Cruising With A Mission – Sailing the Fathom Adonia to the Dominican Republic
A socially meaningful and satisfying visit to the Caribbean aboard the Fathom Adonia
By Robert Hubbard
Recently I was intrigued to read about some new “social impact” Caribbean cruises being organized by Carnival Corp.’s Fathom line. The concept behind ‘social impact’ cruises is “voluntourism” – the combination of volunteering and tourism which offers consumers the opportunity to see part of the world by ship and to volunteer in a local community project. Voluntourism offers regular people the chance to build a community with like-minded travelers, become immersed in another culture and work alongside its local people to create an enduring social impact. Connecting with local people in communities gives passengers a unique perspective on the culture of the area, taking advantage of what happens when individual people from diverse cultures work together.
Fathom’s ship, the 704-passenger Adonia, alternates between week-long cruises from Port Miami to Cuba and the Dominican Republic. The Dominican itinerary emphasizes volunteer tourism while the Cuban one focuses on people-to-people exchanges.
Seeing an opportunity to combine pleasure with my goal of trying to make the world a better place, I recently took the Fathom cruise to the Dominican Republic in order to see how this form of travel could have a positive impact on other people’s lives.
The Dominican itinerary offers hands-on activities, with cruise-passengers working alongside Dominicans on sustainable projects that focus on education, the environment and economic development. Projects include installing home water filters or replacing dirt floors with more sanitary concrete ones. Other projects include helping a women’s cooperative create and package chocolate bars as well as teaching English to adults and children. All the on-ground social impact activities are already organized and operational. They are ‘turn-key’ operations; well run and organized for travelers to just pre-register and show up. In addition to the social-impact activities included in the cruise price, there are many other tours and activities available for a modest extra charge.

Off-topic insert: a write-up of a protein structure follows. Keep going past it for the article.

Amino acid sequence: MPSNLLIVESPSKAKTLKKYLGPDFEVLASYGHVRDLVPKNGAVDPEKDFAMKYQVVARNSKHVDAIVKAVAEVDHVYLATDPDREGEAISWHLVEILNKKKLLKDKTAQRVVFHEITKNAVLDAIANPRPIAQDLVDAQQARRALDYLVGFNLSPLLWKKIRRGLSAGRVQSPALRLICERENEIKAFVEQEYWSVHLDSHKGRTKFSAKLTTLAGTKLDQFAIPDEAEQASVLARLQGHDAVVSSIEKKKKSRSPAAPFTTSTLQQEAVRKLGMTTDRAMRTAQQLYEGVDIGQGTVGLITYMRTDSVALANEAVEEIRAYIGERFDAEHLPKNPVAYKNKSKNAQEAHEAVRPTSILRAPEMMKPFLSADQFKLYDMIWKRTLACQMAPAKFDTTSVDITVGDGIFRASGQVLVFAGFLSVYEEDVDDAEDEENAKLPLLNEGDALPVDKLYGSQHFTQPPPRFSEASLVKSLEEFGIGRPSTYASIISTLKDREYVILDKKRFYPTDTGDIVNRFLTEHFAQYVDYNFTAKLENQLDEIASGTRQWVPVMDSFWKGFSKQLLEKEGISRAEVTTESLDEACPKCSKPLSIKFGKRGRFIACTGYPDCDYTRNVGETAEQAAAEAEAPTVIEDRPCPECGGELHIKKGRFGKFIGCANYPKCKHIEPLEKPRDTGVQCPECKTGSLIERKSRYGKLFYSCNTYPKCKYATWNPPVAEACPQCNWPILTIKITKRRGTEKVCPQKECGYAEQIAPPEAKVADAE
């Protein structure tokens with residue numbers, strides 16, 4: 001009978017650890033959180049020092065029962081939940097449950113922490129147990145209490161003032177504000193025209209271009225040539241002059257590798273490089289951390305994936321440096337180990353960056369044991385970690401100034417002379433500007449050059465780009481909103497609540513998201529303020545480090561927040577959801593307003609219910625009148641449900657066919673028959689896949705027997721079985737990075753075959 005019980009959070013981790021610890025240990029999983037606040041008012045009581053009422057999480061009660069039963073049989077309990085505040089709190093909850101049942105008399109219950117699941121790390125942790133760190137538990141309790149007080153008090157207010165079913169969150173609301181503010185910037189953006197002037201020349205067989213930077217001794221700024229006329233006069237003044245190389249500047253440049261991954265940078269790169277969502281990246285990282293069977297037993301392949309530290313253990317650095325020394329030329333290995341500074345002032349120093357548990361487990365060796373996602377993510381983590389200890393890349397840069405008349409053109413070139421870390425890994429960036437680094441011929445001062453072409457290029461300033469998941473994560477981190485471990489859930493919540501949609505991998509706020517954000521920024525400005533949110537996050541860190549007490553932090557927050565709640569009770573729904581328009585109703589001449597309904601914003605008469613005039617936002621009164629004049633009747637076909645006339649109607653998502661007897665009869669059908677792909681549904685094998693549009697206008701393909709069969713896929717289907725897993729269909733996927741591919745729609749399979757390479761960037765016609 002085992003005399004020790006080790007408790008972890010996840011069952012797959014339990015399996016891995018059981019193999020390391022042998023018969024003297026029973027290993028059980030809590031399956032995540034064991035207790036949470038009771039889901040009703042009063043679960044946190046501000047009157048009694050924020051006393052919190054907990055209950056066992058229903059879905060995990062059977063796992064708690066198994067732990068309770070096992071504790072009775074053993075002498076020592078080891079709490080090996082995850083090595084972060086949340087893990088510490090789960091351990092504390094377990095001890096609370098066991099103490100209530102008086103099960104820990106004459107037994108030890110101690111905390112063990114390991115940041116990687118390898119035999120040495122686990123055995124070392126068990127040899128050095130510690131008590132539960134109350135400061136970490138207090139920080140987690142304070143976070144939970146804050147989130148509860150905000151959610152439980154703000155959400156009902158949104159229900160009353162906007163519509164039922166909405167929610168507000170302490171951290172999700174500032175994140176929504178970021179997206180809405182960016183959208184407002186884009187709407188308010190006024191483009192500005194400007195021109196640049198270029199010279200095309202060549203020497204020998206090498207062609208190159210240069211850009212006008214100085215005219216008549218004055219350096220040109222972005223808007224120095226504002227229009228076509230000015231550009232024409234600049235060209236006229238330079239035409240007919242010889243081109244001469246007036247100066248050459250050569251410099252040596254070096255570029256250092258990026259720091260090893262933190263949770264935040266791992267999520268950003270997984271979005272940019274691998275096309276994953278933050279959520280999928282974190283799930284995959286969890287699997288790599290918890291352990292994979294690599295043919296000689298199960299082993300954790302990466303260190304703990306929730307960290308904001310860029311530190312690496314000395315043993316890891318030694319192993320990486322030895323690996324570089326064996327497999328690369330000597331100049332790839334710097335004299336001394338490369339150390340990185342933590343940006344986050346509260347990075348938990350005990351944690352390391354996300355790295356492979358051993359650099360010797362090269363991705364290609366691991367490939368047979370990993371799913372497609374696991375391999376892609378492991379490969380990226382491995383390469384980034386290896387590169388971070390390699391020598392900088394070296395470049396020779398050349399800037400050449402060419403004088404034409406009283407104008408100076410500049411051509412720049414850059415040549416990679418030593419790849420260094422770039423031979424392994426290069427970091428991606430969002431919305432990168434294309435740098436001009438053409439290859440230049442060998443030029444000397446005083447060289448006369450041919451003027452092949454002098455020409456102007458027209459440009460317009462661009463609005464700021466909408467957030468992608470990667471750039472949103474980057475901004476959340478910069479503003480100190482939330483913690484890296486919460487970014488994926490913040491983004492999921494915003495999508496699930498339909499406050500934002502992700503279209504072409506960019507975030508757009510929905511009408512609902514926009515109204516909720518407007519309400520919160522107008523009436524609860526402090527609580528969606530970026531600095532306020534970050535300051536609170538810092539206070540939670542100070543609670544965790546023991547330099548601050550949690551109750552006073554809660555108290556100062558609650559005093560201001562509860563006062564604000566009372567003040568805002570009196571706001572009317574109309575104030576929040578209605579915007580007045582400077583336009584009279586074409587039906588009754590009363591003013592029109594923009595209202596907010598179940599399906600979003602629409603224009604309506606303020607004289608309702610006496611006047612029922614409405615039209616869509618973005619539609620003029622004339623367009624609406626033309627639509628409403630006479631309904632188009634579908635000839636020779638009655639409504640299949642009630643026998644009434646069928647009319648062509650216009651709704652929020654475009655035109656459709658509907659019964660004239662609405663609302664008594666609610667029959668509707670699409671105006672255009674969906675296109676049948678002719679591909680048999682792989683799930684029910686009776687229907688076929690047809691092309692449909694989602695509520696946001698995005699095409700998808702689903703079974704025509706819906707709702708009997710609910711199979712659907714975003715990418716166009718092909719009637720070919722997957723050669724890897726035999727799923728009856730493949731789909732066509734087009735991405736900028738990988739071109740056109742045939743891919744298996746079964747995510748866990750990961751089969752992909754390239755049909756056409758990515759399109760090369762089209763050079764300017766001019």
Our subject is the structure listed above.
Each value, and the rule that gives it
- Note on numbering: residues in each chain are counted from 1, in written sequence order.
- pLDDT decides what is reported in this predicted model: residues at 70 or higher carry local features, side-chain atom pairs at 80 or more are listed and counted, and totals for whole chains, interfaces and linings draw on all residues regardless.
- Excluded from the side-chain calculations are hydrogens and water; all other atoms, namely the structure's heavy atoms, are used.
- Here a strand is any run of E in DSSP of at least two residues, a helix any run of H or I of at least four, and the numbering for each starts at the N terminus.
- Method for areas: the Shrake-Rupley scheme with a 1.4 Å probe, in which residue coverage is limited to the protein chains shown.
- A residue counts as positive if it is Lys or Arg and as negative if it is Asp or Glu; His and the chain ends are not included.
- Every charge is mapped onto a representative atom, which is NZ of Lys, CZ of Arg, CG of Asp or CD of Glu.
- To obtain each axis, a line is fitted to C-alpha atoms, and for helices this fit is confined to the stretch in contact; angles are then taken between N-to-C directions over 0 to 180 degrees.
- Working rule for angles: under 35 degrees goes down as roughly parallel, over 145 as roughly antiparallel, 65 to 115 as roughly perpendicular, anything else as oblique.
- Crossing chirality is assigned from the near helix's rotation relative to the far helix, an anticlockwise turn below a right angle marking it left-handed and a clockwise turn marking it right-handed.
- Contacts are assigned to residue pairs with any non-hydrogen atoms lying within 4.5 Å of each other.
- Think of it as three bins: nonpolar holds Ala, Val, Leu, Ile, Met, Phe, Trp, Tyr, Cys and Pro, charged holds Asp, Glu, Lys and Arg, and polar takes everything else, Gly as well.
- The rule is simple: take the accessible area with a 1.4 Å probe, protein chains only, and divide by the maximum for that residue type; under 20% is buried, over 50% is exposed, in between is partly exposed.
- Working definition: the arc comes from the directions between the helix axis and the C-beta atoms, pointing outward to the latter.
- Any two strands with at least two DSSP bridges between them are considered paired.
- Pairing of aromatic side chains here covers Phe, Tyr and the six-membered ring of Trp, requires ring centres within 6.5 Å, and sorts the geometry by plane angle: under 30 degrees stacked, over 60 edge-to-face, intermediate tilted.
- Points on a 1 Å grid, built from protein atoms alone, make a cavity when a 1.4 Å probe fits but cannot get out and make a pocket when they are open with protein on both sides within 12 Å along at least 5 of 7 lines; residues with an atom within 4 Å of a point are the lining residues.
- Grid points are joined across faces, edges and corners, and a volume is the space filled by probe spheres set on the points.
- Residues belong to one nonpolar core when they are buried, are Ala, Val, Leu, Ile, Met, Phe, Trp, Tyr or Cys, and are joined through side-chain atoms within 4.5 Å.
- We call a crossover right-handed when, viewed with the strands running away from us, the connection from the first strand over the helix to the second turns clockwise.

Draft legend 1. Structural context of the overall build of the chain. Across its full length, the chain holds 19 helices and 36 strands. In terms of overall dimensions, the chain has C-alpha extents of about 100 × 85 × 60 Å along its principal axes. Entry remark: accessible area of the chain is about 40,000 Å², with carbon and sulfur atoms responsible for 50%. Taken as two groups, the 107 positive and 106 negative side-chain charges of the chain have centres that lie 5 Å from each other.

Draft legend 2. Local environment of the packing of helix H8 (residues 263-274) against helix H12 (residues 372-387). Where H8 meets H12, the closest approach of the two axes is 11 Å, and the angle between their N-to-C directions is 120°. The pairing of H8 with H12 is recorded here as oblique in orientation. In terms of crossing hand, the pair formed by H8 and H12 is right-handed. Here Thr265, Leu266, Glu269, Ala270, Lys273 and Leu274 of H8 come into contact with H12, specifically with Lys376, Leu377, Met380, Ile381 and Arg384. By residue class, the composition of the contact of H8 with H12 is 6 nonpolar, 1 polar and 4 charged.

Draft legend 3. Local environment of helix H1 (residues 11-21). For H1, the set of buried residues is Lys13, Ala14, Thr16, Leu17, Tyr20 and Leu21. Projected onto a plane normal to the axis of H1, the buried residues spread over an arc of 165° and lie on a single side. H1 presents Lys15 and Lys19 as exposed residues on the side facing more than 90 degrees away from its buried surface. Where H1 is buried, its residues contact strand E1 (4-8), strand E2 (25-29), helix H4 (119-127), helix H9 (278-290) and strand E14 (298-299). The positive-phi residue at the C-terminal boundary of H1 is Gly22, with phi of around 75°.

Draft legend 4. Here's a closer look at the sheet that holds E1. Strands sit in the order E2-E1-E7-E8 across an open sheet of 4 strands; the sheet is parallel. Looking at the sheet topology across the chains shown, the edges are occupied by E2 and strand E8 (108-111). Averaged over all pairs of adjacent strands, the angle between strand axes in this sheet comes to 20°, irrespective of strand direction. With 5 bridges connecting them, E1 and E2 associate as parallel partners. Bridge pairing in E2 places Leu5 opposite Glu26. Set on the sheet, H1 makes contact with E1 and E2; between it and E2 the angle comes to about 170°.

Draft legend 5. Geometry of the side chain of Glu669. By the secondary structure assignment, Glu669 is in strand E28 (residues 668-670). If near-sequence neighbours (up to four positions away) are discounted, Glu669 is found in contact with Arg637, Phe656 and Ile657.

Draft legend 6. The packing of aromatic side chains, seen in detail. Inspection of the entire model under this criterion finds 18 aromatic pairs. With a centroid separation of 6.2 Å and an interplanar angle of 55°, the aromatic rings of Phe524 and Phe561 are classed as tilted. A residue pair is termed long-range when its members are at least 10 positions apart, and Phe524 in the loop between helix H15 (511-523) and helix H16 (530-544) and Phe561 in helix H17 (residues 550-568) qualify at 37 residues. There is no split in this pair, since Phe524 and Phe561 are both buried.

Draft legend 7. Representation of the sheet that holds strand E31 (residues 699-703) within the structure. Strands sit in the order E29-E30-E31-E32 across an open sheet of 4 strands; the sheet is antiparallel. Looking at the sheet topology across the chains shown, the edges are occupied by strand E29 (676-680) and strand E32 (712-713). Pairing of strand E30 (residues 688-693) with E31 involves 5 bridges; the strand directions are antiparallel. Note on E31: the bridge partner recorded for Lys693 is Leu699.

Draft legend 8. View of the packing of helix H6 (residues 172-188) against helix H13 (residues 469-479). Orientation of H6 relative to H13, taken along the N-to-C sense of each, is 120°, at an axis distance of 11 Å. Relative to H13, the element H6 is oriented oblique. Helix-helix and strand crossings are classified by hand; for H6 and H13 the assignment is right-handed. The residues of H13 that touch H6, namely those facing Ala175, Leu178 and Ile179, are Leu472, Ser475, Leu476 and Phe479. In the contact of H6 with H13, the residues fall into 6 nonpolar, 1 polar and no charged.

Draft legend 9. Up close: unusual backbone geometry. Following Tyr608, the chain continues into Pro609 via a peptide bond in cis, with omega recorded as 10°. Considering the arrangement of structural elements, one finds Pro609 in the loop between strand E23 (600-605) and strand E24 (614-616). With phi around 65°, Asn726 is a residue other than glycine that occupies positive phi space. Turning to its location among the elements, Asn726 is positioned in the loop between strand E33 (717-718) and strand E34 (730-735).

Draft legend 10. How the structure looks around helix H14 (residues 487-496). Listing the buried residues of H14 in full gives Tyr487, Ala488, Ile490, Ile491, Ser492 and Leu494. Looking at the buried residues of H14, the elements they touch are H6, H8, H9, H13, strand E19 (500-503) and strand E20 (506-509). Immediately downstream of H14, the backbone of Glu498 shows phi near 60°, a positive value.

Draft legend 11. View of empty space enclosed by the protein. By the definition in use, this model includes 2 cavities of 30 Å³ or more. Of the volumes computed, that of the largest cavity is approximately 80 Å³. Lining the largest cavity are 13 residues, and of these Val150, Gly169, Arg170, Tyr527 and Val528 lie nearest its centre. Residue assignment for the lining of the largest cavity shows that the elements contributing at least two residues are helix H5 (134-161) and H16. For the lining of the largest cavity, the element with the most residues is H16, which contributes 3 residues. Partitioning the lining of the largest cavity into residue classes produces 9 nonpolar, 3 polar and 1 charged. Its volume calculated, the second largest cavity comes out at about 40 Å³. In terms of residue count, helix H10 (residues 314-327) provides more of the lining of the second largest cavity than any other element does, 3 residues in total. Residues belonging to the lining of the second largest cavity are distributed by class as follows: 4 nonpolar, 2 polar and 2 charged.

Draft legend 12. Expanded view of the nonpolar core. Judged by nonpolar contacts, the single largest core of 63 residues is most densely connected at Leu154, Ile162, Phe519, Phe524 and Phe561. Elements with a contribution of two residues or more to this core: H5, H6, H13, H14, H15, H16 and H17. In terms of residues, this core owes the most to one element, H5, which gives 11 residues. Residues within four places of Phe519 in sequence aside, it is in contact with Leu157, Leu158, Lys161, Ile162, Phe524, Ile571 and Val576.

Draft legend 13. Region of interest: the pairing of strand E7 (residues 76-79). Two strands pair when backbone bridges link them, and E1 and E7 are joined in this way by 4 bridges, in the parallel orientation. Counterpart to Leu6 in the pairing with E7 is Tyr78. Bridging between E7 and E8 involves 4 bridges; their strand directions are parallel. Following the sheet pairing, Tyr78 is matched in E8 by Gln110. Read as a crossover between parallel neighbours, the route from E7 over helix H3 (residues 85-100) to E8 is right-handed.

Once the Adonia reaches Puerto Plata on the northern coast of the Dominican Republic, it remains alongside Amber Cove; an amazing port structure with bars, shops and restaurants. Amber Cove, which is not open to the public, includes a lovely large pool and zip lining, water sports, and cozy and personal cabanas. Fathom’s passengers use it as their base as they fan out into the neighboring region to participate in projects from Tuesday to Friday when the ship is in port. Passengers can do as many or as few of the social impact activities as they choose.
The Adonia has a swimming pool, spa and gym as well as excellent restaurants, bars and lounges. There is also a small but efficient running/walking track for those determined to exercise. Personally, I preferred to enjoy the chimichurri burgers that are served poolside during afternoon barbecues. However, travelers should be aware that there are no elaborate stage shows, casinos, or frills like ice-skating rinks or rock-climbing walls that are offered on more conventional cruise ships.